Activists say that state and central public-sector undertakings (PSUs) spread over 1,090 acres have encroached upon the 8,000 acre Ennore Creek, as clearances had been issued following the unapproved map prepared by the Institute of Remote Sensing (IRS), rather than the government of India-approved Coastal Zone Management Plan (CZMP) map, which has been suppressed until now.
The protocol for environmental clearances for larger projects such as power plants and coalyards state that the District Coastal Zone Management Authority (DCZMA) should consult the Coastal Zone Management Plan, approved by the government, to make recommendations to the State Coastal Zone Management Authority (SCZMA), which will relay it to the national committee. However, the map being consulted is not the government approved one, said Pooja Kumar, Researcher, Coastal Resource Centre, which procured a copy of the 1996 Coastal Zone Management Plan (CZMP).
“The CZMP is not being consulted while giving clearances. RTI inquiries show that the Tiruvallur District Coastal Zone Management Authority doesn’t have a copy of the approved CZMP CRZ-1 map. It also shows that CRZ maps prepared and approved by IRS are being used. There is a difference in High Tide Line (HTL) in these maps, where critically protected areas have been opened up for development. This has resulted in large industries coming up inside the Ennore Creek, which is a protected area under the Wetland Rules of 2010. This means that the CRZ procedures are being violated since 1996,” said the researcher.
This has resulted in 1,090 acres of the creek being lost to encroachments, as several thermal power plants, port and petroleum companies have been constructed in the CRZ-protected area. Environmental activists are pressing the government to declare the remaining acres of the Ennore creek as a ‘climate sanctuary’. Justice Hariparanthaman, retired judge, Madras High Court said that industries are needed. “But, ensure that these industries are not constructed in wetlands. Find alternative locations. One of the estuaries draining Chennai, apart from Kovalam, Adyar and Cooum, is Ennore. These encroachments have increased the flood risk during heavy rains and storm surges and aggravated the problem of seawater intrusion, which will affect four RK Nagar, Madhavaram, Tiruvottiyur and Ponneri. We need to stop further industrial expansion in Ennore and save our waterbodies,” said the former judge.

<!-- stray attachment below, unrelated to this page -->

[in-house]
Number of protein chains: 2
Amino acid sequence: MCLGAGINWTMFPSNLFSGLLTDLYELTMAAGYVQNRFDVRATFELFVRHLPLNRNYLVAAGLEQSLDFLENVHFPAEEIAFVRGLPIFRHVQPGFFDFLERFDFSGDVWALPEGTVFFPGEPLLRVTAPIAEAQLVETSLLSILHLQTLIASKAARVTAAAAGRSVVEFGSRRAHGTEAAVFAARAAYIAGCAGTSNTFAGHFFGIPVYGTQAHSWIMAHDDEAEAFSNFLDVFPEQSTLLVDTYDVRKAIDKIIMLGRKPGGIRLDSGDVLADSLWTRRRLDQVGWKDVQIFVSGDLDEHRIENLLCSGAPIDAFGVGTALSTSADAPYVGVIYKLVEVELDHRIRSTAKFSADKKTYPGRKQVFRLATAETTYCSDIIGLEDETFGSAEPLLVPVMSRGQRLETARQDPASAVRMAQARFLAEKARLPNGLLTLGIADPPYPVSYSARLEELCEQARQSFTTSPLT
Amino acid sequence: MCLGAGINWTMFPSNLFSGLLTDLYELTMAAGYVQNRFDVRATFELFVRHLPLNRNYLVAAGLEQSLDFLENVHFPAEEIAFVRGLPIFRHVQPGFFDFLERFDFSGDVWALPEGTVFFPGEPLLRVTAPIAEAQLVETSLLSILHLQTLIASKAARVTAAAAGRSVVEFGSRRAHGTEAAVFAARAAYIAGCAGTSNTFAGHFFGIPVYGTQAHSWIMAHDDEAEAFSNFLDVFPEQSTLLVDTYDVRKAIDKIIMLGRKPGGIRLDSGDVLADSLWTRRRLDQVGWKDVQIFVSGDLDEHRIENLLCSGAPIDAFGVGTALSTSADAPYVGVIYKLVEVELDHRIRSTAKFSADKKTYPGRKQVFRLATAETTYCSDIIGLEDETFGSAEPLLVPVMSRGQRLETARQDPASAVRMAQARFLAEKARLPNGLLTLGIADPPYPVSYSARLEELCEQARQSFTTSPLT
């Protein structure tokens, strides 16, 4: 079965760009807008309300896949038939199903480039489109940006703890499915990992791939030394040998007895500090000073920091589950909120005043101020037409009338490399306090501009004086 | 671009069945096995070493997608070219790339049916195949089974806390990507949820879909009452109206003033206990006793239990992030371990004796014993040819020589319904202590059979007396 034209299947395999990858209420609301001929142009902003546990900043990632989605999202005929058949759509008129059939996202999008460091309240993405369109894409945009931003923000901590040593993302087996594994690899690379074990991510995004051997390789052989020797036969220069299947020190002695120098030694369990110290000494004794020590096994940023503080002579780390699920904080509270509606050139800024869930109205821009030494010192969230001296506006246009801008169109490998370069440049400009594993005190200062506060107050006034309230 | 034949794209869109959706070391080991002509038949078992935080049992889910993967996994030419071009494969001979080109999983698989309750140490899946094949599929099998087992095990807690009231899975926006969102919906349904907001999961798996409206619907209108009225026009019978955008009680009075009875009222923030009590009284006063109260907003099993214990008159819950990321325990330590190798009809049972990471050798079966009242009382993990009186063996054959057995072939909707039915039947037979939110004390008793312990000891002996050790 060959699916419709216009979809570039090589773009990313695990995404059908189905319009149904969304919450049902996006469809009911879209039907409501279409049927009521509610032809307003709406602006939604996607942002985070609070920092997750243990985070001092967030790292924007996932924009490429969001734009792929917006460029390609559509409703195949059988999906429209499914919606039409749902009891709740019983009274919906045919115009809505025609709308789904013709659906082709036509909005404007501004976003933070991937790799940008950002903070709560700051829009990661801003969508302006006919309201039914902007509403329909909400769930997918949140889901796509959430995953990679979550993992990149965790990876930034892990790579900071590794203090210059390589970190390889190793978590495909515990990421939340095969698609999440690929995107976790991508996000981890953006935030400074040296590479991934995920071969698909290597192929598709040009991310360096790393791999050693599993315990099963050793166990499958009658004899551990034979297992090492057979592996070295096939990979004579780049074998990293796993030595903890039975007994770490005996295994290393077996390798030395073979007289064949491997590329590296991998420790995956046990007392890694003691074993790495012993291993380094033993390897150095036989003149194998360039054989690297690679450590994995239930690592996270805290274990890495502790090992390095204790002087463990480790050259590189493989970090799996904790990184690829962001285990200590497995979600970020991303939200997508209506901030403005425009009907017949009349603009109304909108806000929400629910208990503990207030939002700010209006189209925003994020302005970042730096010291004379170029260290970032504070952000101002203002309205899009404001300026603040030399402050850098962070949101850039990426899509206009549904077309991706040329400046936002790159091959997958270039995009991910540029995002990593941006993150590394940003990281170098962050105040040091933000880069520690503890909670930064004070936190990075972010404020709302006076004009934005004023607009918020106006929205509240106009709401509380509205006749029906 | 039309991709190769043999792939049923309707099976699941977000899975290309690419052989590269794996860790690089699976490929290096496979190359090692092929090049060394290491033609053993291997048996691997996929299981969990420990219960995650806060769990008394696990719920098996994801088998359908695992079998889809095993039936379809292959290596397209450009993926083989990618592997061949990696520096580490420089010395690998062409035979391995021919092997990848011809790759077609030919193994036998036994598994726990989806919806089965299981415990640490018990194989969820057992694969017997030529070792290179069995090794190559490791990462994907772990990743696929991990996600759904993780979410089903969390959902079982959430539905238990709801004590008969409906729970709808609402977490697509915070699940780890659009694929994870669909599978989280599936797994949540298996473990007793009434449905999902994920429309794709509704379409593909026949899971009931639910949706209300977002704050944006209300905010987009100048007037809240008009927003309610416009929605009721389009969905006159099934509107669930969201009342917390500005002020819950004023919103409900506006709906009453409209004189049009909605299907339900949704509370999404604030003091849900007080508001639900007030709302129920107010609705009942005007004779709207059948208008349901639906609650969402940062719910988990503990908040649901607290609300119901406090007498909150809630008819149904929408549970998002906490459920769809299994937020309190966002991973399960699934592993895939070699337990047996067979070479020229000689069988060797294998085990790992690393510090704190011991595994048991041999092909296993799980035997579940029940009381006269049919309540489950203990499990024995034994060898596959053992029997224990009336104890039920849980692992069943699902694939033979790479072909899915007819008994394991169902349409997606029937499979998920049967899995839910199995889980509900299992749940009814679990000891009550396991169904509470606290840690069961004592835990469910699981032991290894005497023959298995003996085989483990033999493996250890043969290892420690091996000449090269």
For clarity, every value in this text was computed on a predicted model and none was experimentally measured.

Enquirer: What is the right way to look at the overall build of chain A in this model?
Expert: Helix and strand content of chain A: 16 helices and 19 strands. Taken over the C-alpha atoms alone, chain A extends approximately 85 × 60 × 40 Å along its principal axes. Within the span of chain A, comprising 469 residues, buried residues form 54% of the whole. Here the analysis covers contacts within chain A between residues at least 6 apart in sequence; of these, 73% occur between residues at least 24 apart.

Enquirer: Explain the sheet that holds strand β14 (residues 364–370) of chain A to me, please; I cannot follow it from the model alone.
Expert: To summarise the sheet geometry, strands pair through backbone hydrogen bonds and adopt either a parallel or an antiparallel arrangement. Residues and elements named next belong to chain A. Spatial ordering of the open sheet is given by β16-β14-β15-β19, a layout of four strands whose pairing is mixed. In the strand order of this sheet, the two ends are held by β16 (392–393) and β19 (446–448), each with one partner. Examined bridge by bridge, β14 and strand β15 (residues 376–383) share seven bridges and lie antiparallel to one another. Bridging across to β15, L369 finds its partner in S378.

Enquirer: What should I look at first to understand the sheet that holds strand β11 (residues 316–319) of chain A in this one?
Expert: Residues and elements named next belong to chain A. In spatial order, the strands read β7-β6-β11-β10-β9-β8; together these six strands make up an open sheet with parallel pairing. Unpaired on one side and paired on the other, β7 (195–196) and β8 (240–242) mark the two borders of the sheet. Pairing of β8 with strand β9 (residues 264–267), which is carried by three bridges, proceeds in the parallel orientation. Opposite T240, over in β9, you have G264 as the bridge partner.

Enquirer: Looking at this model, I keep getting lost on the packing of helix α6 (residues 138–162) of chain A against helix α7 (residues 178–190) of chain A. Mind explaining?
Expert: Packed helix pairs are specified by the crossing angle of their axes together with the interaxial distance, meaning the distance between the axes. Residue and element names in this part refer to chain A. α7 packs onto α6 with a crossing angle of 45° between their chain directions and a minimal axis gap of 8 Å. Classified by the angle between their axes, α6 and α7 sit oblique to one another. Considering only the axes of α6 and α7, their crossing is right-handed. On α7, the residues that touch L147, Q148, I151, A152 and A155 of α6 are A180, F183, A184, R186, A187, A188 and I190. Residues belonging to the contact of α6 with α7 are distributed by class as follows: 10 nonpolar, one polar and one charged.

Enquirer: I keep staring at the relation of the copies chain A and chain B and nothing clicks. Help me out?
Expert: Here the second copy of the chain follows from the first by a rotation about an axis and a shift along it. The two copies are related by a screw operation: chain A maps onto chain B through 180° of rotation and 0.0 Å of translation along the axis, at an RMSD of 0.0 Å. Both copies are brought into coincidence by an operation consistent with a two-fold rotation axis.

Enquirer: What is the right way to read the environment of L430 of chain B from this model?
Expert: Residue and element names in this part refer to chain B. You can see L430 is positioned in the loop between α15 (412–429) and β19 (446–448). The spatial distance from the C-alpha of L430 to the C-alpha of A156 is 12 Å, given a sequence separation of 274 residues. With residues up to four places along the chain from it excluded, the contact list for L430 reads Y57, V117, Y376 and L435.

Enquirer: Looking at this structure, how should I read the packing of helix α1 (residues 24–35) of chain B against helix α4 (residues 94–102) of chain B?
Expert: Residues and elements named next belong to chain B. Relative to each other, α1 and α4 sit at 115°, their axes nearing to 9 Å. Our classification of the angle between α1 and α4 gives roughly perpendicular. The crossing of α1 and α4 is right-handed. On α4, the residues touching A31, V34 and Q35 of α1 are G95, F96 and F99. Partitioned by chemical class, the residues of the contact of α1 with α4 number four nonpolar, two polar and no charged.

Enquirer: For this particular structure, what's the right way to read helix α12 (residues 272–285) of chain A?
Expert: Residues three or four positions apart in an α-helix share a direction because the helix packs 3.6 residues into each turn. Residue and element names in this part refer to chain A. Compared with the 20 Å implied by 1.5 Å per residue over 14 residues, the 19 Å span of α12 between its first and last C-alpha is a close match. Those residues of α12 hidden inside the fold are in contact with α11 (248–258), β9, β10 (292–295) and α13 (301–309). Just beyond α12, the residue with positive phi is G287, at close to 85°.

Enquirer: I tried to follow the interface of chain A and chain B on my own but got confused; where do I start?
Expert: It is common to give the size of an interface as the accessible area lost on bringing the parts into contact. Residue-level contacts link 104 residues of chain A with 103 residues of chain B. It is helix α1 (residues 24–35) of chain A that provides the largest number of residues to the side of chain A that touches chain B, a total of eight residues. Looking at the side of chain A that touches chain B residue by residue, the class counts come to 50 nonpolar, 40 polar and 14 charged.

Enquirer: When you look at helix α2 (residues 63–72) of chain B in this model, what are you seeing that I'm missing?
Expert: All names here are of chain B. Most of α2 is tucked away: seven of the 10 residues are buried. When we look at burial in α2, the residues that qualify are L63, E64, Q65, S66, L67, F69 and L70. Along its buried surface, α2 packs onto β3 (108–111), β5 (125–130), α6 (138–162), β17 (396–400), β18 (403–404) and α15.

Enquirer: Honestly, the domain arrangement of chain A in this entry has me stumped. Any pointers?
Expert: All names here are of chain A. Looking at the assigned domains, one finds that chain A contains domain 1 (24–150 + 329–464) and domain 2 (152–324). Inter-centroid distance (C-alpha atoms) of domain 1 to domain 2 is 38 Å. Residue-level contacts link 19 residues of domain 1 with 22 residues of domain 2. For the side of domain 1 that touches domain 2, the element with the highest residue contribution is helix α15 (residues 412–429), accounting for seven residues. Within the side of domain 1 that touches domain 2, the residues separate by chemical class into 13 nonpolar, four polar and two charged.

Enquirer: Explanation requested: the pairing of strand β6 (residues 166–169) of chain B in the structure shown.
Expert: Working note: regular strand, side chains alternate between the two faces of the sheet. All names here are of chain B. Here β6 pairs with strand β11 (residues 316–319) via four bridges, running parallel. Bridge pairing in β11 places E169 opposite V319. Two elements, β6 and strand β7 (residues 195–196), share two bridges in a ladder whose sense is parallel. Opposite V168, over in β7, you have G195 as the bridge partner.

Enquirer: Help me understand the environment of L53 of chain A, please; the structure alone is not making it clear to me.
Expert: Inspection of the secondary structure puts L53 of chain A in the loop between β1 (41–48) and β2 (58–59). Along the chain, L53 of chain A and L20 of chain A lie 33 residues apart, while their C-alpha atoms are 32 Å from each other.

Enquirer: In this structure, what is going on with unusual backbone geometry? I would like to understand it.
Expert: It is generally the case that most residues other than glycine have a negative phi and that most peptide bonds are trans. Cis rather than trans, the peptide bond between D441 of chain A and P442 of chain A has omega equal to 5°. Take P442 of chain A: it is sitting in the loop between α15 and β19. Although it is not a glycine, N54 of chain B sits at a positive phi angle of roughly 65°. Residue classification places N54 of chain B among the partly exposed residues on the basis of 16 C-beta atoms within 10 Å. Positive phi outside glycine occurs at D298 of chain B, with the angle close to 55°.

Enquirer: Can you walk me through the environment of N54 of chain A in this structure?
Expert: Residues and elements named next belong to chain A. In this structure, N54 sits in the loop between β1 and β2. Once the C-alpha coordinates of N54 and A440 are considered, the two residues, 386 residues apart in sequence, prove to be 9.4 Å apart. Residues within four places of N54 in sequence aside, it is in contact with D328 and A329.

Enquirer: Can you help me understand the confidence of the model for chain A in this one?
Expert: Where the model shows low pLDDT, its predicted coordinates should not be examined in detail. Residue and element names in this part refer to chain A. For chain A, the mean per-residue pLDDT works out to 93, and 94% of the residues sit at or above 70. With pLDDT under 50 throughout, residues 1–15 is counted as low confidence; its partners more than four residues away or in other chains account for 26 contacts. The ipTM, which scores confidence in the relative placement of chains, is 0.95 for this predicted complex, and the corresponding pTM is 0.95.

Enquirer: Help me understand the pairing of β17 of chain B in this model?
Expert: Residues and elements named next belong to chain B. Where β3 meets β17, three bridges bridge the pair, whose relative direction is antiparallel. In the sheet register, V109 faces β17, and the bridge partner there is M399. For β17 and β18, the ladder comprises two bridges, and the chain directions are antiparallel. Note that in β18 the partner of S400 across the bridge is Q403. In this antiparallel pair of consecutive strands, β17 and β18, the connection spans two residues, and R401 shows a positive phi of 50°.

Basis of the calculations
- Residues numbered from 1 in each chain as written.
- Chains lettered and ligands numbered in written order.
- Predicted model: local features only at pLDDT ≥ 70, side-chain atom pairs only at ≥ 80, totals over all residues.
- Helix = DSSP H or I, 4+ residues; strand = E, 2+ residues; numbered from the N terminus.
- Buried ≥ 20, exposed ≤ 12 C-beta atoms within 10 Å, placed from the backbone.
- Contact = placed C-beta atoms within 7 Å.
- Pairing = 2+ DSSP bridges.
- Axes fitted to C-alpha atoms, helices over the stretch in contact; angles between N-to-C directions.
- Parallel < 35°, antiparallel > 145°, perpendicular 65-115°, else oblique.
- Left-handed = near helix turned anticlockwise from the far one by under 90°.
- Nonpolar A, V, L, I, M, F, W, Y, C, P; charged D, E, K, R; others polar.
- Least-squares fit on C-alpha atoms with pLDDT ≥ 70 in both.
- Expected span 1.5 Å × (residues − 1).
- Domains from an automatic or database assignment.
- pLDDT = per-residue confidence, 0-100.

Citing the example of other countries, Prof R Nagendran, Member (Retd), National Green Tribunal, highlighted the need for planned development. “The United States of America has a ‘development atlas’, where types of industries have been identified and clearances issued, based on a plan. What we want is the current CRZ notifications to be followed here. If we do this, we are saving 60 per cent of our wetlands,” he said. Environmentalists, activists, social scientists, musicians and other individuals have written an open letter to the government, pressing for prevention of further encroachment. Environmentalist Nityanand Jayaraman said that the damage done to the creek should be reversed. “The industries are expanding – the Kamarajar Port expansion requires 1,300 acres. The existing power plants have proposed expansion of their ash ponds. This needs to be stopped. We cannot restore the creek to the state it was before 1996. But it is possible to make the creek a capable flood carrier, storm-shock absorber and an effective fresh water barrier against salt water intrusion. There are multiple dividends to be gained by declaring it as a climate sanctuary,” he said, “After the floods and cyclone, there is a lot more receptivity from the officials. These disasters have conveyed the seriousness of the need to protect waterbodies. The intent is there,” added the activist.
From pristine to polluted waterbody
Old timers remember the Ennore creek as a waterbody, teeming with different varieties of fish, prawn and crabs, before the power plants came up and started systematically destroying the creek.
“The water in the creek used to be so clean that we could see our faces reflected on the surface,” recalled 67-year-old Anandan M, member of Kattukuppam Fishermen’s Cooperative Society. “Once the North Chennai Thermal Power Station (NCTPS) came up in 1996, parts of the creek were filled with stones and reclaimed to build bridges for transportation. Then fly ash pipes were laid, but they would leak systematically. This resulted in fly ash mixing with water and creating a sludge, which would end up in the creek. Earlier, the depth of the creek was around 10 feet in certain areas. but now, it is around 1-1.5 feet. We have protested and approached all officials, but nothing has been done to save the livelihood of fishermen. Instead, expansion of the power plants continue,” rued the former employee of an automobile venture.
A Venkatesh, President of Mugathwara Kuppam Fishermen’s Cooperative Society, recalled a time when there were myriad varieties of fish, prawn and crab species in the creek. Fishermen in the locality recall hauling catches worth Rs 3000-5000. The quality of catch used to be high. “The mangroves, where these species’ breed, have been destroyed, resulting in a decline in quantity of catch. The power plants let out hot water into the creek, driving away fish. There is fly ash being let into the waterbody. Today, the population of fish, prawn and crab species have come down drastically. The fishermen’s livelihood has been affected adversely,” said the 36 year-old fisherman.